Thursday, November 12, 2009

Beating The Challenge Flag

Last week in Upstate New York's 23rd Congressional district, Conservative Doug Hoffman, trailing in the polls by 5,335 votes, conceded the election to Democrat Bill Owens. Believing that he had barely won his own town of Oswego, and only 7% of the vote left to count, Hoffman graciously offered congratulations to Owens.

That opened the door for Nancy Pelosi to quickly swear in Owens in time for Saturday's House vote on Health Care Reform, a rare weekend vote. Like a football team that knows it must run a play quickly before the challenge flag is thrown by the opposing coach, Pelosi and her cohorts believe they got the snap off in time. The shiny, new Congressman Owens, who throughout his campaign opposed health care reform measures, helped seal the "victory" on Saturday for his party.

But Hoffman's concession may have been a bit premature. There were problems with the counting of ballots in Oswego, we now learn, that may have altered Hoffman's decision on election night. On election night, Hoffman's camp believed they had won Oswego by only 500 votes, but inspectors found that the margin was more than triple that amount at 1,748 votes. According to Hoffman campaign spokesman Rob Ryan, "I don’t know if we would have conceded on election night. I’m someone who doesn’t like to look back. But would we have taken longer to make a decision on election night? Probably, if we knew it was only 3,000 votes making the difference."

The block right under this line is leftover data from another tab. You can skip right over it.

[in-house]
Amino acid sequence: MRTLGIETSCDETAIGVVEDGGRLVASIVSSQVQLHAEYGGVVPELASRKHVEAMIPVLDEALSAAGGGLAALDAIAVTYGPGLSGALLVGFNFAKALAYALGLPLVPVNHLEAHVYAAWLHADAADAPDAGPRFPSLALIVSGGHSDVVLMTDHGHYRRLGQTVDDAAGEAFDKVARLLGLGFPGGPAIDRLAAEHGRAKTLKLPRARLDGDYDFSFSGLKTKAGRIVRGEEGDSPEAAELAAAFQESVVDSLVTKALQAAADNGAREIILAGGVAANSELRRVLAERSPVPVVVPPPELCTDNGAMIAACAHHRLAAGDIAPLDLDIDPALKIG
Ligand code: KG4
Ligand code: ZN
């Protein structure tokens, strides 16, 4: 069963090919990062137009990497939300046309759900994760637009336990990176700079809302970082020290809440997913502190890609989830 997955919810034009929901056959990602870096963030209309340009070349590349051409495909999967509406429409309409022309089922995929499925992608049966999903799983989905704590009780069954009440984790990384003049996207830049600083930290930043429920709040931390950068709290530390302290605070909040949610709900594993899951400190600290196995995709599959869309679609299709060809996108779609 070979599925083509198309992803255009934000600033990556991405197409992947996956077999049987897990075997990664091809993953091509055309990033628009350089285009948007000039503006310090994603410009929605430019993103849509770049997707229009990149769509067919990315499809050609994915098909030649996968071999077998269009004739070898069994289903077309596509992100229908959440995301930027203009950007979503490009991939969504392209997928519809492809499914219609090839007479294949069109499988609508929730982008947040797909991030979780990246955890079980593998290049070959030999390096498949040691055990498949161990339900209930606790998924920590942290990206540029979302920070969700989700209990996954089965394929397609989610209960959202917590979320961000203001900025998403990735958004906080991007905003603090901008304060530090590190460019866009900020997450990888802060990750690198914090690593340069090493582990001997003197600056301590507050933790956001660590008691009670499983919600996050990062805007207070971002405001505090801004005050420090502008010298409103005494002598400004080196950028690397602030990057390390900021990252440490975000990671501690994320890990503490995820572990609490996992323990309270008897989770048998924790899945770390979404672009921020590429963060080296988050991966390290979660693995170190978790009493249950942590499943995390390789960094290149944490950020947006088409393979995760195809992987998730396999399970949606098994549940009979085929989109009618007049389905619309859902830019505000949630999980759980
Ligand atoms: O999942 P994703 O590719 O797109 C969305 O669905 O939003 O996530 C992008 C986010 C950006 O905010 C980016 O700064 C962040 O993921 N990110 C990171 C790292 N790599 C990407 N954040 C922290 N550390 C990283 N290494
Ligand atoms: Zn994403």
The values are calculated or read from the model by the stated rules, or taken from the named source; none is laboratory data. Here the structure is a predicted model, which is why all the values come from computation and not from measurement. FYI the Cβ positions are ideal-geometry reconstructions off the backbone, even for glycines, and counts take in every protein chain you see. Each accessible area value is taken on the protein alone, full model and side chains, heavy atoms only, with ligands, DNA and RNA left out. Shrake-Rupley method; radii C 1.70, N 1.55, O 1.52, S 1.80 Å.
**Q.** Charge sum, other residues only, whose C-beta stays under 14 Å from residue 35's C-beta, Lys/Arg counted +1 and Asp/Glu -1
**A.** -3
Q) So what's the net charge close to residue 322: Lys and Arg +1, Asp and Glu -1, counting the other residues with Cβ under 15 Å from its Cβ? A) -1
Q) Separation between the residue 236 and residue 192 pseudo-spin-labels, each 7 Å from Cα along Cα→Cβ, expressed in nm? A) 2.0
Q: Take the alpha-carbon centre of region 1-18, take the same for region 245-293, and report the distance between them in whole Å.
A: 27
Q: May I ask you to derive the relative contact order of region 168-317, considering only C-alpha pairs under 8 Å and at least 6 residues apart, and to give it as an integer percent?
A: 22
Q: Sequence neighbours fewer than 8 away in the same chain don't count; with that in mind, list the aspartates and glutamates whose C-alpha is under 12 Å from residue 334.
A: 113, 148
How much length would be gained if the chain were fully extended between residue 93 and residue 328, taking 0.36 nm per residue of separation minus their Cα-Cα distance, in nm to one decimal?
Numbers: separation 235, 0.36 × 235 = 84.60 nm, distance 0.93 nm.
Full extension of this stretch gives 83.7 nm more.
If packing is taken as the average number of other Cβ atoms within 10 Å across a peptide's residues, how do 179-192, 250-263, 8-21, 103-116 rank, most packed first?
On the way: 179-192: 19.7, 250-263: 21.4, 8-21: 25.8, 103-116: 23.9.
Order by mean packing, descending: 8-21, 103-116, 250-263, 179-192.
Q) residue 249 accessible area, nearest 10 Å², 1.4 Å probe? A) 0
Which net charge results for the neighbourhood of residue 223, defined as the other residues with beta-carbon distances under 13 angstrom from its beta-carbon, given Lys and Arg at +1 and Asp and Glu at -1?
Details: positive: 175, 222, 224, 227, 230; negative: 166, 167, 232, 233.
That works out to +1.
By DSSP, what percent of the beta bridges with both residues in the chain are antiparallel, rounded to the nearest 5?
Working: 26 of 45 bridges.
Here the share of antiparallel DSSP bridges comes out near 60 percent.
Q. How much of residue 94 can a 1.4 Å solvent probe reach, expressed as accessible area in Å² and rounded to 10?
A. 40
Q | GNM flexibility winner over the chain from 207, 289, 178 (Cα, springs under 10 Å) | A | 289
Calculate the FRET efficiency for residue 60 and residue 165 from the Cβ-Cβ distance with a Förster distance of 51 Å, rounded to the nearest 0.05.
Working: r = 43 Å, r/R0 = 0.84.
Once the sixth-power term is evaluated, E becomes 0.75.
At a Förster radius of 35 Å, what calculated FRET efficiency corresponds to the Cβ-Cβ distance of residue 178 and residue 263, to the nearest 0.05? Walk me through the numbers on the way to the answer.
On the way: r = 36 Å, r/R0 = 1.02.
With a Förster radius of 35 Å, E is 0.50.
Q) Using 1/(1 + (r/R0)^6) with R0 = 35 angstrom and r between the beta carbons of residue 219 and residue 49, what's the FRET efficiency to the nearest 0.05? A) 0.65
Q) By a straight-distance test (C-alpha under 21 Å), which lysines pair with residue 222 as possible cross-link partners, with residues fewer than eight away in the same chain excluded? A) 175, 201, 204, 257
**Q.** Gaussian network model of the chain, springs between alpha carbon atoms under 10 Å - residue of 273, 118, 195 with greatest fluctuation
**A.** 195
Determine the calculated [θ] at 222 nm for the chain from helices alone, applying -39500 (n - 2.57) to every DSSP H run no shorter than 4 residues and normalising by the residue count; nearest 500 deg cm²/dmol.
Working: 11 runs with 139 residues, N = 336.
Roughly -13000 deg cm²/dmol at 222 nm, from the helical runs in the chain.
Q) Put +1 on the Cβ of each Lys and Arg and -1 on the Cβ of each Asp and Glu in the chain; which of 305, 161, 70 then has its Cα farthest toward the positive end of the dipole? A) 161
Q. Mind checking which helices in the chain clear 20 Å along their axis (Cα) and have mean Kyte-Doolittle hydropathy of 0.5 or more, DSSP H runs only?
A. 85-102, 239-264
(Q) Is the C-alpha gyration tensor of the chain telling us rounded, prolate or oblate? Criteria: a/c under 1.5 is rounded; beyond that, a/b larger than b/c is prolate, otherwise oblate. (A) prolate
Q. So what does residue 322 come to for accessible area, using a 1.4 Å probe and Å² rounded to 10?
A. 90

Despite the fact that New York State had sent a letter to the House Clerk explaining that it had not certified the election because no winner had been declared, with Owens still leading by 3,000 votes it was ruled legal for Pelosi to officially swear in the new member. Along with Democrat John Garamendi, who also won a special election in California, Pelosi had the 218 votes needed to pass the House version of health care reform legislation.

But there are still 10,200 military and overseas absentee ballots to be counted. While Hoffman's chances to overcome a deficit of 3,000 votes is still remote, it is possible. What that would mean for the vote on Saturday is unclear, but it is certain that Owens would be forced to vacate the seat. Republican Rep. Anh "Joseph" Cao of Louisiana said he voted in favor of the bill only after he saw that the Democrats had the needed 218 votes. If Hoffman is indeed the ultimate victor, would they have a re-vote? And would Cao reverse his vote if the Democrats only had 217 votes?

It remains to be seen, and the ramifications will interesting. It will also be fascinating to watch the reactions of the House leadership if this turns foul for them.

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